Understanding your soils is not easy when there are so many factors. We start examining a report with the pH and ECs, but that’s such a small fraction of the equation. Some of my growers never even look at the meq/L nor care to. Some take a glance at the base saturation percentage and think everything is peachy keen. Without comparing to tissue samples, their “peaches” may not be “keen” on what they are absorbing. Many never look at the anion balance to see what salts are being made empirically by default in the ground. With so much information on a single sheet of paper, how do we decipher any of it? And if we don’t plan to change anything, why even look? To that I say let’s look, decipher and make changes that can actually be useful. And let’s not break the bank in one year trying to do it.
Care about Cations
We’ve talked before about the ppm of our cations in the soil. If your soil tests show 2,000 ppm calcium, since 6 inches of soil weighs about 2 million pounds per acre, we multiply that number by 2 to get the equivalent pounds of calcium. That makes a 2,000-ppm acetate extraction test calculate to 4,000 pounds of calcium for every 6 inches if your soils are uniform to, let’s say, 2 feet. That’s 16,000 pounds of calcium, per that test, that should become available this year.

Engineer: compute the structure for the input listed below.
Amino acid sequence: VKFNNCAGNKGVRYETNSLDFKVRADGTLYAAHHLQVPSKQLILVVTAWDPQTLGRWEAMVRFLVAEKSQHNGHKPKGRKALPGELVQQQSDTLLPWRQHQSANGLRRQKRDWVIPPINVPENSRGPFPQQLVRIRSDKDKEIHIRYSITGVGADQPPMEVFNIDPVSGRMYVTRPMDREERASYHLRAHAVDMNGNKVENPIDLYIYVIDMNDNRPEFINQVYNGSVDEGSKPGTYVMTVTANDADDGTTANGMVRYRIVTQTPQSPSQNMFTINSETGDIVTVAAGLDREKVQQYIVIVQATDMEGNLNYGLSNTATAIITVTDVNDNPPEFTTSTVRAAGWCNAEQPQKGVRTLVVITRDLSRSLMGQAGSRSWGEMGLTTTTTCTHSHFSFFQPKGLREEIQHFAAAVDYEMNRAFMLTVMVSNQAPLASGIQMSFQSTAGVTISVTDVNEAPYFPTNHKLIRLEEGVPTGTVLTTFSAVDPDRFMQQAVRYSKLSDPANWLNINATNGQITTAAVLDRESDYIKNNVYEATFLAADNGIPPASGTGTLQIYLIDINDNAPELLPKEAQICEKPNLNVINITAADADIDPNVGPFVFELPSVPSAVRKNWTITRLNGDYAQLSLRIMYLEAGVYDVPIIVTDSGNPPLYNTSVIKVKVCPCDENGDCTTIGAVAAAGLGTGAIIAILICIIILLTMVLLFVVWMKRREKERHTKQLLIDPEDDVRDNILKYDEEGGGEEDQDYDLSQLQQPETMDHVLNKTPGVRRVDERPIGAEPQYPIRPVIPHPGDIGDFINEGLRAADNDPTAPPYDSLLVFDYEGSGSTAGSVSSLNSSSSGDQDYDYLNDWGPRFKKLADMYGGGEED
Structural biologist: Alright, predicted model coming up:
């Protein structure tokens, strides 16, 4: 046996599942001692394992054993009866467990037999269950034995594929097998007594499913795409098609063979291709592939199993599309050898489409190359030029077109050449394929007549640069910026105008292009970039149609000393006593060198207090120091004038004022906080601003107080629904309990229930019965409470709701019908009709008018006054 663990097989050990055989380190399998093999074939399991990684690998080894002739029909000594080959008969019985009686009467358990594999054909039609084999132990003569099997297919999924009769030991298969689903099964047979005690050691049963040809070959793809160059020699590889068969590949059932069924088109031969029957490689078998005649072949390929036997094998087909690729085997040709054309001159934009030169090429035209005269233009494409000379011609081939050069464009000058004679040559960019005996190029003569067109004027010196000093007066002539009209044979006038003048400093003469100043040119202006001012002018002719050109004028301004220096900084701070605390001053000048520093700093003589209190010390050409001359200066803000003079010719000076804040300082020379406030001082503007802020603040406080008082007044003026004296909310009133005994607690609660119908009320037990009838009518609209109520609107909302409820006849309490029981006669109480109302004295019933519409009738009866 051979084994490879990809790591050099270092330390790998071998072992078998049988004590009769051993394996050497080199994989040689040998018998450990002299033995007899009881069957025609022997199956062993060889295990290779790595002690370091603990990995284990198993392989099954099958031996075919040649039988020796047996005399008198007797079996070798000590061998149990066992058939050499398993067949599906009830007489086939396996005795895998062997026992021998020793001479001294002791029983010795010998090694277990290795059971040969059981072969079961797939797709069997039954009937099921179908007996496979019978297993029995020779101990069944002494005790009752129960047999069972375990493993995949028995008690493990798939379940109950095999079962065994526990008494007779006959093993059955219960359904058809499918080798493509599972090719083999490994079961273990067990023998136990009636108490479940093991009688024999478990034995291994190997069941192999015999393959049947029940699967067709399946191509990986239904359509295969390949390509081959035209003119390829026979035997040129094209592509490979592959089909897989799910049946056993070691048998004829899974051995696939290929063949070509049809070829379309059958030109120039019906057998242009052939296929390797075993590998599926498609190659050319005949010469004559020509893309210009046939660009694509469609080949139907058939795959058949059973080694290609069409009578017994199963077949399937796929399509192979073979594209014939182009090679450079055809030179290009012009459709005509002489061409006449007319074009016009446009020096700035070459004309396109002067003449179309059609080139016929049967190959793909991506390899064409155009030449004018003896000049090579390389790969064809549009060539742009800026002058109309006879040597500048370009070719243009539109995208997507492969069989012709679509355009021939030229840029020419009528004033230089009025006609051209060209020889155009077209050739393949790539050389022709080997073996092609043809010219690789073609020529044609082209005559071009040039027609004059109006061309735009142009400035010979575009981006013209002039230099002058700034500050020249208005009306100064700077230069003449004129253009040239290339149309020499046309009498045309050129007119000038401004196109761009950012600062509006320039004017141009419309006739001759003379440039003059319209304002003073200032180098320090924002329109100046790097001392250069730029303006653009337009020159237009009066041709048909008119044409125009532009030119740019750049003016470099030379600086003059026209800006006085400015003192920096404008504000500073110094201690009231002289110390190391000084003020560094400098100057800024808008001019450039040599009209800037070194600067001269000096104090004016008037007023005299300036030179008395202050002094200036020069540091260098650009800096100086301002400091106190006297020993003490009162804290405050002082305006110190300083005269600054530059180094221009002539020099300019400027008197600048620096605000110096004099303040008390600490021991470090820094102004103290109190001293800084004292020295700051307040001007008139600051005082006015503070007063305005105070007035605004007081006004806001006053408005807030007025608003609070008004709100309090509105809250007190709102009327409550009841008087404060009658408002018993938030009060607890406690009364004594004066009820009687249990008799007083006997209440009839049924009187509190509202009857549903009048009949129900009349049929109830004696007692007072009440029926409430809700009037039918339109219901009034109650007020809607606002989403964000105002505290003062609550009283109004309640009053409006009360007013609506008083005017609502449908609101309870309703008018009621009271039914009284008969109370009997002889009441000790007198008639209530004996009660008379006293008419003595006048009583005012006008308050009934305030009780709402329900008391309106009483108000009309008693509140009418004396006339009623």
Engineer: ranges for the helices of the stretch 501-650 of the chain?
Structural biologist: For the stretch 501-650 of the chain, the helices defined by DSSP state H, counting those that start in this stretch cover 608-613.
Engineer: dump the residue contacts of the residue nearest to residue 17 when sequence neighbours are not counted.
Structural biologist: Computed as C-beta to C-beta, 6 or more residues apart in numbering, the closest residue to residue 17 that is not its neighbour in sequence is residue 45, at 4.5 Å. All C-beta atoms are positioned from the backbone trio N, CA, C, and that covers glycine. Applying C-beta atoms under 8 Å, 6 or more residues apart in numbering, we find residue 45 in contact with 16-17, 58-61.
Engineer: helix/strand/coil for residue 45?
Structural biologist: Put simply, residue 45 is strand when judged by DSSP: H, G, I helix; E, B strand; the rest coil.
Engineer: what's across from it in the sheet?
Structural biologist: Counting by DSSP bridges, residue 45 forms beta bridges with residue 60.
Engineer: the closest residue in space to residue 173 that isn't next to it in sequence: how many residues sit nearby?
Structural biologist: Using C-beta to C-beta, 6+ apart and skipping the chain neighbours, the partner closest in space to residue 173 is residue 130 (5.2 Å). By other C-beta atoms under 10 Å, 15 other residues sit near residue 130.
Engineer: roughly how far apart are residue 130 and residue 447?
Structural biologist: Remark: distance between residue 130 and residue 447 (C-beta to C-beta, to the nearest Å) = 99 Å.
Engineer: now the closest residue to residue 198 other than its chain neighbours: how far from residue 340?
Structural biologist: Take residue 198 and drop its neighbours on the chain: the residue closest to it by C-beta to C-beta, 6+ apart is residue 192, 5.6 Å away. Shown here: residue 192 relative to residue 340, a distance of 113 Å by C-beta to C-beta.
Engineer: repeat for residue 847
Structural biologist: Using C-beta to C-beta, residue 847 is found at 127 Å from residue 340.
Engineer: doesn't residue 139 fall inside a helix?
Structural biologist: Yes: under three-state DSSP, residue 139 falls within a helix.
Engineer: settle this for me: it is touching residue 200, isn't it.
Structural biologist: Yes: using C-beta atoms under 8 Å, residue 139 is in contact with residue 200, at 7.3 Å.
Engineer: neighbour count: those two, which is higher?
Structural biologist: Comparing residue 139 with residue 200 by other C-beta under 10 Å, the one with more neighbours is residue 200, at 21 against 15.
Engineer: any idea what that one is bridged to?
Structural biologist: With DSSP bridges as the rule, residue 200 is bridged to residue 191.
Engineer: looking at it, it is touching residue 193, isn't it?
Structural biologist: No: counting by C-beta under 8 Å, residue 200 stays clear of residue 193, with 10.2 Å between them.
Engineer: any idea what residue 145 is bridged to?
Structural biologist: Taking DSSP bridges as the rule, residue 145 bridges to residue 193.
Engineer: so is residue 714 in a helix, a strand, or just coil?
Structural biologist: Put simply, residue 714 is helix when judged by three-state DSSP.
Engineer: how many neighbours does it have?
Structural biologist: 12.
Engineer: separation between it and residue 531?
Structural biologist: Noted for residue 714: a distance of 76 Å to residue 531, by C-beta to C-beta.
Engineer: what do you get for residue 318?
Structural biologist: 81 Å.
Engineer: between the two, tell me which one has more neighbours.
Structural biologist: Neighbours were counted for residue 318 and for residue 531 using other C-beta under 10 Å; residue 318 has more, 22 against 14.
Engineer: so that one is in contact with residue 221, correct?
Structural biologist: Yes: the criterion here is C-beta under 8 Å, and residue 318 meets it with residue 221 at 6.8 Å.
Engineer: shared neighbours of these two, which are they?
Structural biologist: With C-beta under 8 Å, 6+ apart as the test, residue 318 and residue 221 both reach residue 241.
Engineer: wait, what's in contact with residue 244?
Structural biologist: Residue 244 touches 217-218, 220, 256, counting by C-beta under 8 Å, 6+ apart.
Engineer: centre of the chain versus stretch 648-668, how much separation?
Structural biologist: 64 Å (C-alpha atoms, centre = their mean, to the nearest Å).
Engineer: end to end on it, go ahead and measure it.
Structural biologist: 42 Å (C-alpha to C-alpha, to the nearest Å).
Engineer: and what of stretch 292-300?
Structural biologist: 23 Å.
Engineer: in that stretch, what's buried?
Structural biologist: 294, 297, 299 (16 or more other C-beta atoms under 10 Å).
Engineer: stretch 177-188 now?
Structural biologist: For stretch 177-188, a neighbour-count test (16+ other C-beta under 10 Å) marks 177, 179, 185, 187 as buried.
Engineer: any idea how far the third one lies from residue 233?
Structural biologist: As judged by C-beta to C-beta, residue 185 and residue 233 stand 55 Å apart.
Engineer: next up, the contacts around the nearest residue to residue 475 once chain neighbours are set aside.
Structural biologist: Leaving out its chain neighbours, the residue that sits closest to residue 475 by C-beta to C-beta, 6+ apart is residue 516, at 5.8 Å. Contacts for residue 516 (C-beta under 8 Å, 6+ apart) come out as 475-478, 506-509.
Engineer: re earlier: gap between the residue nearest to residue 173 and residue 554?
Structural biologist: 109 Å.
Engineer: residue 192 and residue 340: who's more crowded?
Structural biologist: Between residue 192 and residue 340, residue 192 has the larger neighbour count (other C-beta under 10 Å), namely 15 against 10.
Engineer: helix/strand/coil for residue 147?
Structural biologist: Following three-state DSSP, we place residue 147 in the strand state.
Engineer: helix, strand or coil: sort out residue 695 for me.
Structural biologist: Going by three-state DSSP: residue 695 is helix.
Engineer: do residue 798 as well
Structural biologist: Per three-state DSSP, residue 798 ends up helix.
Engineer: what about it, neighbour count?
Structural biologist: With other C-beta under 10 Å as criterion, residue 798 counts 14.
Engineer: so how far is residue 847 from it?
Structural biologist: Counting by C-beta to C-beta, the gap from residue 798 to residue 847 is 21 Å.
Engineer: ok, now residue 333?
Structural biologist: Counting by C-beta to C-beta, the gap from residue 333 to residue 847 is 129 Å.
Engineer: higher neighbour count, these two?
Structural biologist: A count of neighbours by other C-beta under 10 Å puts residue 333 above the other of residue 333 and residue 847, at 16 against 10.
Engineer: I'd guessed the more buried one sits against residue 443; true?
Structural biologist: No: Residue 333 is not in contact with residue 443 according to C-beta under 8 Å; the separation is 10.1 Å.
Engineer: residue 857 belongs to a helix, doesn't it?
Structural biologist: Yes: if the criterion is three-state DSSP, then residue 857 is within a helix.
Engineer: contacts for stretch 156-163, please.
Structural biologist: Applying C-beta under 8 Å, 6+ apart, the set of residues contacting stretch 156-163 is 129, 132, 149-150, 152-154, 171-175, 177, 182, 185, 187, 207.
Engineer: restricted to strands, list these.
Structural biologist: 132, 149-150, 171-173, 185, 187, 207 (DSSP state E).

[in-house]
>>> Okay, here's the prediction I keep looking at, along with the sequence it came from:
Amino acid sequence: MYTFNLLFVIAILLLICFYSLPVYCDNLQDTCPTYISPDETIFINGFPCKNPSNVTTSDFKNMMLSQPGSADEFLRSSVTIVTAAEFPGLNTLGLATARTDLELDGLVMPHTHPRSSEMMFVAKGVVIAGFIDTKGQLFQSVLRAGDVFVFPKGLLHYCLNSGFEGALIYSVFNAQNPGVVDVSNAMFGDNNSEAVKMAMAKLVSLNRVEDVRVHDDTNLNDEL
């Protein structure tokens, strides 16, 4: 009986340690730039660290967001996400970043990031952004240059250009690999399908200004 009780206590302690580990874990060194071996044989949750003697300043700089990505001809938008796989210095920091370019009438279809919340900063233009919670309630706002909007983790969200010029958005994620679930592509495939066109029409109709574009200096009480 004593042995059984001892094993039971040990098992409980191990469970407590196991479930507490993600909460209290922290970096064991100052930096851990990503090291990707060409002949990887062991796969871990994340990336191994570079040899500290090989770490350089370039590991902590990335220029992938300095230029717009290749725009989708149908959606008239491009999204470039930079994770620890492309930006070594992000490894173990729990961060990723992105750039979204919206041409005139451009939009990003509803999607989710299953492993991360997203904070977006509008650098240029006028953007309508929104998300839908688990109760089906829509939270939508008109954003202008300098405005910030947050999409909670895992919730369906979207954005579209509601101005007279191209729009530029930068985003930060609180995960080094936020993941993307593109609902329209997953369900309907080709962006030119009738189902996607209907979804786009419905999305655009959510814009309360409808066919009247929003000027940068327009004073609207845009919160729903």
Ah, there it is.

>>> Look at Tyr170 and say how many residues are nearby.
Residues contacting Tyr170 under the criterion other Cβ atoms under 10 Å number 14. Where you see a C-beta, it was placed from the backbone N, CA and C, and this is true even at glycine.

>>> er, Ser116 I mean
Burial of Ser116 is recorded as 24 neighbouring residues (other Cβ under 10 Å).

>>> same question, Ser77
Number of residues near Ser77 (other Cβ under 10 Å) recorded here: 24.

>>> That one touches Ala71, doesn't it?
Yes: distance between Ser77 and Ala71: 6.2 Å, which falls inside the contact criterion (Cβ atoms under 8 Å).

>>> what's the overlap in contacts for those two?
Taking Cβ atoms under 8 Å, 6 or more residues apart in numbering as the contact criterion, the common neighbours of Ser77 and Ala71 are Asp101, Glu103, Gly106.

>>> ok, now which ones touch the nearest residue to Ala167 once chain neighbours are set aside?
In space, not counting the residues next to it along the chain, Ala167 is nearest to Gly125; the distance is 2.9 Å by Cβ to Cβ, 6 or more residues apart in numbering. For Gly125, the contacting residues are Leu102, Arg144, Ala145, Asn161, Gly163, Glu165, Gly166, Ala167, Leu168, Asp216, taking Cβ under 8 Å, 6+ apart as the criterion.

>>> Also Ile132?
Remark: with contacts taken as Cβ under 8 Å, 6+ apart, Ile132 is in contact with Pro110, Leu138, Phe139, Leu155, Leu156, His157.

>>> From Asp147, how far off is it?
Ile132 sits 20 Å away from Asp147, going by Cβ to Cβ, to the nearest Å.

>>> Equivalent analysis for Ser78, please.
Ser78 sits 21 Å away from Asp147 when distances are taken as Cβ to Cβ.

What do you mean, “become available this year”? That’s what the acetate medium etched off in that particular test at that particular time, which is supposed to “estimate” what the soil can give off in a single year. That’s not a total soil load. That sounds like plenty of calcium to me for about 53 years if we used 300 pounds per year. How would we ever be deficient if we could take up even part of that total? Obviously it’s not all getting into our trees.
Now move to the meq/L section where we look at a nutrient’s actual solubility in water. Let’s say that number is 50. Multiply that number by the element’s atomic weight divided by the valence electrons and divide that result by the ppm on the test. That would equal about 50% calcium solubilizing in this example. With pure lab water, not your well water. I’d throw a party if this was the norm for my growers.